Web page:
As the opioid addiction crisis stretches into every aspect of daily life, employee assistance programs (EAPs) can help people caught in the terrible cycle of living with substance use disorder. An EAP can be a lifeline for both employees and employers; data suggests that, of the 14.8 million Americans that currently use illegal substances, 70 percent still hold down jobs.
This article explores how employees can use EAPs to begin addiction treatment. How do EAPs work? Why may they be a way to step into a recovery program effectively? What are the pros and cons of choosing this avenue to addiction treatment?
EAP and Addiction Treatment
The National Council on Alcoholism and Drug Dependence Inc. (NCADD) says that substance use costs employers $81 billion each year. EHS Today reports:
“Drug use, abuse or addiction among employees and their family members can cause expensive problems for business and industry, ranging from lost productivity, absenteeism, injuries, fatalities, theft and low employee morale, to an increase in healthcare, legal liabilities and workers’ compensation costs.”
EAPs were created to address the problems of substance use and their effects in the workplace. They are a means of providing employee assistance for addiction treatment and as such, are generally defined within an employee benefits package. An EAP can provide employees with resource referrals but it can also help employers understand how to handle these issues when they crop up in the workplace. These services are usually offered 24/7 and with no out-of-pocket costs.
EAPs in the workforce have been shown to be very effective at providing assistance to both employers and employees. Comp EAP reports that an absence of an EAP in the workplace means more work absences, higher safety risk and lessened productivity. They point out some of the benefits of EAP include:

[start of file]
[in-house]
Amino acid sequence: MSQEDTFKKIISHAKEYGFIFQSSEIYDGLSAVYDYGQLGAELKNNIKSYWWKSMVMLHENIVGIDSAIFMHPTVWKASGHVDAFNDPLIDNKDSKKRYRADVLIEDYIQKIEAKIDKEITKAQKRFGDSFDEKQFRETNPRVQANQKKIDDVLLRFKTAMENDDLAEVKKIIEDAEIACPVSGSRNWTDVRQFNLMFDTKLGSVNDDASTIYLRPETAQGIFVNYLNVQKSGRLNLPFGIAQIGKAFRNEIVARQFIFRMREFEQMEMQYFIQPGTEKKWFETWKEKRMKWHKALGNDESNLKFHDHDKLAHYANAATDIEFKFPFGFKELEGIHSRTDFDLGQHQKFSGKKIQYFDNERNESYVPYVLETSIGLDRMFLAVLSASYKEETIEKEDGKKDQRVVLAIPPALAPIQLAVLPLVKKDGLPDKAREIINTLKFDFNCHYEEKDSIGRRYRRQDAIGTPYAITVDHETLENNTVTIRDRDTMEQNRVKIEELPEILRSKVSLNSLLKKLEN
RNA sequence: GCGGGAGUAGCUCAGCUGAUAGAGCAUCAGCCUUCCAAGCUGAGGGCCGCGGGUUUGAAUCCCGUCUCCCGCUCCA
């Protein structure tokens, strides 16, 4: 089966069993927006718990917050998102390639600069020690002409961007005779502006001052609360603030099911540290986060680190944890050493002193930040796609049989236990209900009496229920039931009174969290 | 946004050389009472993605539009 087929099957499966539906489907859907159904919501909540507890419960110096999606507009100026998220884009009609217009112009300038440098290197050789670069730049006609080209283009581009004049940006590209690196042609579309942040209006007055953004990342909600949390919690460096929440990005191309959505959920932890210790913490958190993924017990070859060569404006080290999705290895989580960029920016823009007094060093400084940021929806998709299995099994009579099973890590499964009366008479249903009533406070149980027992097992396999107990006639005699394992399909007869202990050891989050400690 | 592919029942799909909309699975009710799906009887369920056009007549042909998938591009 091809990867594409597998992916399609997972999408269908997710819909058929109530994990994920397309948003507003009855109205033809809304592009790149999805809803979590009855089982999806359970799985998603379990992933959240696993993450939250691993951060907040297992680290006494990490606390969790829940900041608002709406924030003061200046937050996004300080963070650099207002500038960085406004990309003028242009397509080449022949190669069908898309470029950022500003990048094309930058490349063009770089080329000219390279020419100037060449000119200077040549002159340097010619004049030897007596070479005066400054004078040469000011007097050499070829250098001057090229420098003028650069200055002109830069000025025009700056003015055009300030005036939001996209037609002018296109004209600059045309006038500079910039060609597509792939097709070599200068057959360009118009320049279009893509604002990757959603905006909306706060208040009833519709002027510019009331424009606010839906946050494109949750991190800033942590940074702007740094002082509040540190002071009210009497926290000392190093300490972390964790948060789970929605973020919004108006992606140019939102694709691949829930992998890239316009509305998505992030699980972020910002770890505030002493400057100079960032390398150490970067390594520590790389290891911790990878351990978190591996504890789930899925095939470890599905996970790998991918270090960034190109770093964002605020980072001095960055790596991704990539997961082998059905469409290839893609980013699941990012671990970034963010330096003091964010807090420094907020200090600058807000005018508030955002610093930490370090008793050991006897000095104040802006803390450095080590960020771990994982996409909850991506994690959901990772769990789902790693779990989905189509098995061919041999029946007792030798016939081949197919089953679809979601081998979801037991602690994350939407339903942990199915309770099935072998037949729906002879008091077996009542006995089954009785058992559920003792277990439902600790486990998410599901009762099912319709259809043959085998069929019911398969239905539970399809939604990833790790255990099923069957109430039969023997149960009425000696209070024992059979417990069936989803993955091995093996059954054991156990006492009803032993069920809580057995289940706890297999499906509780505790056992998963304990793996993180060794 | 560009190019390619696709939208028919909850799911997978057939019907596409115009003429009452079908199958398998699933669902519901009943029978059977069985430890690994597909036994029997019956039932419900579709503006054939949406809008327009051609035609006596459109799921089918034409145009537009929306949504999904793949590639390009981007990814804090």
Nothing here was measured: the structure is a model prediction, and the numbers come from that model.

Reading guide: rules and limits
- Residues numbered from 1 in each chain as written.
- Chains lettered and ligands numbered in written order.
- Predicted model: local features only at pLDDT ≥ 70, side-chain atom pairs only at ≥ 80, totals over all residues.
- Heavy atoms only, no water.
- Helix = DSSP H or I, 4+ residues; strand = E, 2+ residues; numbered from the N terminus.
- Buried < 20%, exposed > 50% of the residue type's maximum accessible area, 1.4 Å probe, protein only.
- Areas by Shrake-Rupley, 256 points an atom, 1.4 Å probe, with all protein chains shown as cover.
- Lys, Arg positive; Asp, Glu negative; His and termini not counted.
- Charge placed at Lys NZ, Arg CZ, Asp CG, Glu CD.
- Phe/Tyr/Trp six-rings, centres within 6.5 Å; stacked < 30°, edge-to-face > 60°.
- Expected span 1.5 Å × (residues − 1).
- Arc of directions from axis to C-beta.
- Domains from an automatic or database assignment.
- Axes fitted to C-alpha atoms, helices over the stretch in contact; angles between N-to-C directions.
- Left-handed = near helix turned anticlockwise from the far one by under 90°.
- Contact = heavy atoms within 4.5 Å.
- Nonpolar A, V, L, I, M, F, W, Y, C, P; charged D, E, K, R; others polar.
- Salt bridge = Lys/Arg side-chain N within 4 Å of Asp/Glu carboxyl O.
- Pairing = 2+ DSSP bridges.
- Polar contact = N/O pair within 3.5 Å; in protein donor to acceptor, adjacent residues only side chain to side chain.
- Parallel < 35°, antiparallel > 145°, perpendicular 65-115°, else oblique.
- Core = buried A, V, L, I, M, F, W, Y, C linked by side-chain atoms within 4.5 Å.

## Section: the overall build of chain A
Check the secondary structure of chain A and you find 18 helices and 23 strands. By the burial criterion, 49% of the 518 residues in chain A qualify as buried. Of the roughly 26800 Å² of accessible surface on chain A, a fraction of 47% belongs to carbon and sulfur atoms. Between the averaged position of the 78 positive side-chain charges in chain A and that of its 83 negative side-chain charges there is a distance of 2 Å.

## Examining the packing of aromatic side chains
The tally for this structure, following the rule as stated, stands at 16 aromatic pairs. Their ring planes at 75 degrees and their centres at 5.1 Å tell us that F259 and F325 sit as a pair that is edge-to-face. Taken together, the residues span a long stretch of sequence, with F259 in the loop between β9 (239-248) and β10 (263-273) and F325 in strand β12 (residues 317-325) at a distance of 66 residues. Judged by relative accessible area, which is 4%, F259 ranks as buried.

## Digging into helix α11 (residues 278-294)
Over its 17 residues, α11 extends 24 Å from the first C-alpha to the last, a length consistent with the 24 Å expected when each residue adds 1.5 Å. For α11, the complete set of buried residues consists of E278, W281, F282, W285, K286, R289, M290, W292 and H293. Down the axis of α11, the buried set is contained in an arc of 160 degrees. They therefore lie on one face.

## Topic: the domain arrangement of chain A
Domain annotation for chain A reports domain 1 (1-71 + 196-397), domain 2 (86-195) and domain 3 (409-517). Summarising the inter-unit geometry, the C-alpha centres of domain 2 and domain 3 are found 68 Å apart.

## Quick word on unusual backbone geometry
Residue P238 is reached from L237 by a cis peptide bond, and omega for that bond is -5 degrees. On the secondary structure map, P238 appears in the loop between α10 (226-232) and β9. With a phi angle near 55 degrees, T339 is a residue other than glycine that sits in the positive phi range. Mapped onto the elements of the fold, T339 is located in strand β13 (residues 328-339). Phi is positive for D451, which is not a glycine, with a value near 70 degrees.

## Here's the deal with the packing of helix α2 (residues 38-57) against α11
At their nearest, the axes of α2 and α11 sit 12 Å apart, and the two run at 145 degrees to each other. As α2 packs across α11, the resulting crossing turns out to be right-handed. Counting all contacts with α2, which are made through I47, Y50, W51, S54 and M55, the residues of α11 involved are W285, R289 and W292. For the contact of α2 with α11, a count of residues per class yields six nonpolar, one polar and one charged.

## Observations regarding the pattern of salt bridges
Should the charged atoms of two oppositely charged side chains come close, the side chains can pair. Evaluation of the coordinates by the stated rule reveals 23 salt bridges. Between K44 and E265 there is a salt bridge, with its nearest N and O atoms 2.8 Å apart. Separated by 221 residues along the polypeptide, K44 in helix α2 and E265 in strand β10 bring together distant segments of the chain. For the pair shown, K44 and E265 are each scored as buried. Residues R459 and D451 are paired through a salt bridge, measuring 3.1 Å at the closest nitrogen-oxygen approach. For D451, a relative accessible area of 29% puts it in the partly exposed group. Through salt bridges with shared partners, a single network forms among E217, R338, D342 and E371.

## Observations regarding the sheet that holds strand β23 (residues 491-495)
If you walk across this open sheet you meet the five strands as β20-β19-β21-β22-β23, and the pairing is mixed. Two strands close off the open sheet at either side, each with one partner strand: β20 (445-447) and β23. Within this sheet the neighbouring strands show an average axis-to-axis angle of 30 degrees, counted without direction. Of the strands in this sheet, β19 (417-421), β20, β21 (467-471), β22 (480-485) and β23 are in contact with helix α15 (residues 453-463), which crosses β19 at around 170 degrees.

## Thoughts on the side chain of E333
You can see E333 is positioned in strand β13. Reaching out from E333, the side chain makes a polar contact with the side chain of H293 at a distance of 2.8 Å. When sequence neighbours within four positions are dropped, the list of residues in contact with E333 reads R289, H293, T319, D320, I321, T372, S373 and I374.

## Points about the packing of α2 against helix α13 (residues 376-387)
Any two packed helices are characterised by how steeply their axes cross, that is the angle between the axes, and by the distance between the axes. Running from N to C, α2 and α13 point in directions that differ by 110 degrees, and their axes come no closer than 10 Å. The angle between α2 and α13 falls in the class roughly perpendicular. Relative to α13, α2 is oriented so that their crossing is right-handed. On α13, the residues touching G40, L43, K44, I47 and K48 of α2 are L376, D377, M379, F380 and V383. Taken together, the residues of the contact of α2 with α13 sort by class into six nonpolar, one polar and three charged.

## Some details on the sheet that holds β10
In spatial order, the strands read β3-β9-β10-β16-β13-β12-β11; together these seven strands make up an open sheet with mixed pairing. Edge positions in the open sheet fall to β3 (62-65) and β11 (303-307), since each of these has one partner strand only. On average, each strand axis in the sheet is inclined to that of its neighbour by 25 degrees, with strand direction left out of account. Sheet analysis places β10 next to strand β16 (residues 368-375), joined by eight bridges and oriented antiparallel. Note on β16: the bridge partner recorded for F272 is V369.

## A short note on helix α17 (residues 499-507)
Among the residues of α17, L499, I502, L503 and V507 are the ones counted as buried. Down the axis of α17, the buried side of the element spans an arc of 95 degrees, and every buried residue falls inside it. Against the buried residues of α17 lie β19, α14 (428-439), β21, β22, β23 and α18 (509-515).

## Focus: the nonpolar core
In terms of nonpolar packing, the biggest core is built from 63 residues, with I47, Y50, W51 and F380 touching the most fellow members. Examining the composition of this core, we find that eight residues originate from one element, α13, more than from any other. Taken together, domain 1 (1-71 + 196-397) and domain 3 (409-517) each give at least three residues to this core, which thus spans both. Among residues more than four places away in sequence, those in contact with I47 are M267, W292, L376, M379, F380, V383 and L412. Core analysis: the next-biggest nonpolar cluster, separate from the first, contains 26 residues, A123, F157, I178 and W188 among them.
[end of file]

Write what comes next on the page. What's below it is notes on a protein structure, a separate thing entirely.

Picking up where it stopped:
- Enables earlier identification of substance use disorder and mental health issues.
- Reduces the stigma or other barriers to accessing treatment.
- Helps with referral and advocacy for treatment and helps families trying to navigate a complex behavioral health network.
EAPs in the workplace generally offer a continuum of services that could include:
- Education for employees and employers. This could be via a virtual or face-to-face assessment for employees or management training.
- Family support to help them understand the behavioral healthcare system.
- Referral and advocacy for workers.
- Legal or financial advice.
- Peer group programs and web-based educational training.
- Establishing and maintaining an employee reentry policy after outpatient or inpatient treatment.
- Cultural training to help others understand the disease of addiction.
It is important to note that EAPs are designed not only for people struggling with substance use. The programs can also help employees better manage their finances or help with work-life management issues and even build morale. The whole point of EAPs is that these programs help employers by improving how the employee copes with their life and workplace. This improves employee productivity, which ultimately saves the employer and their company millions annually.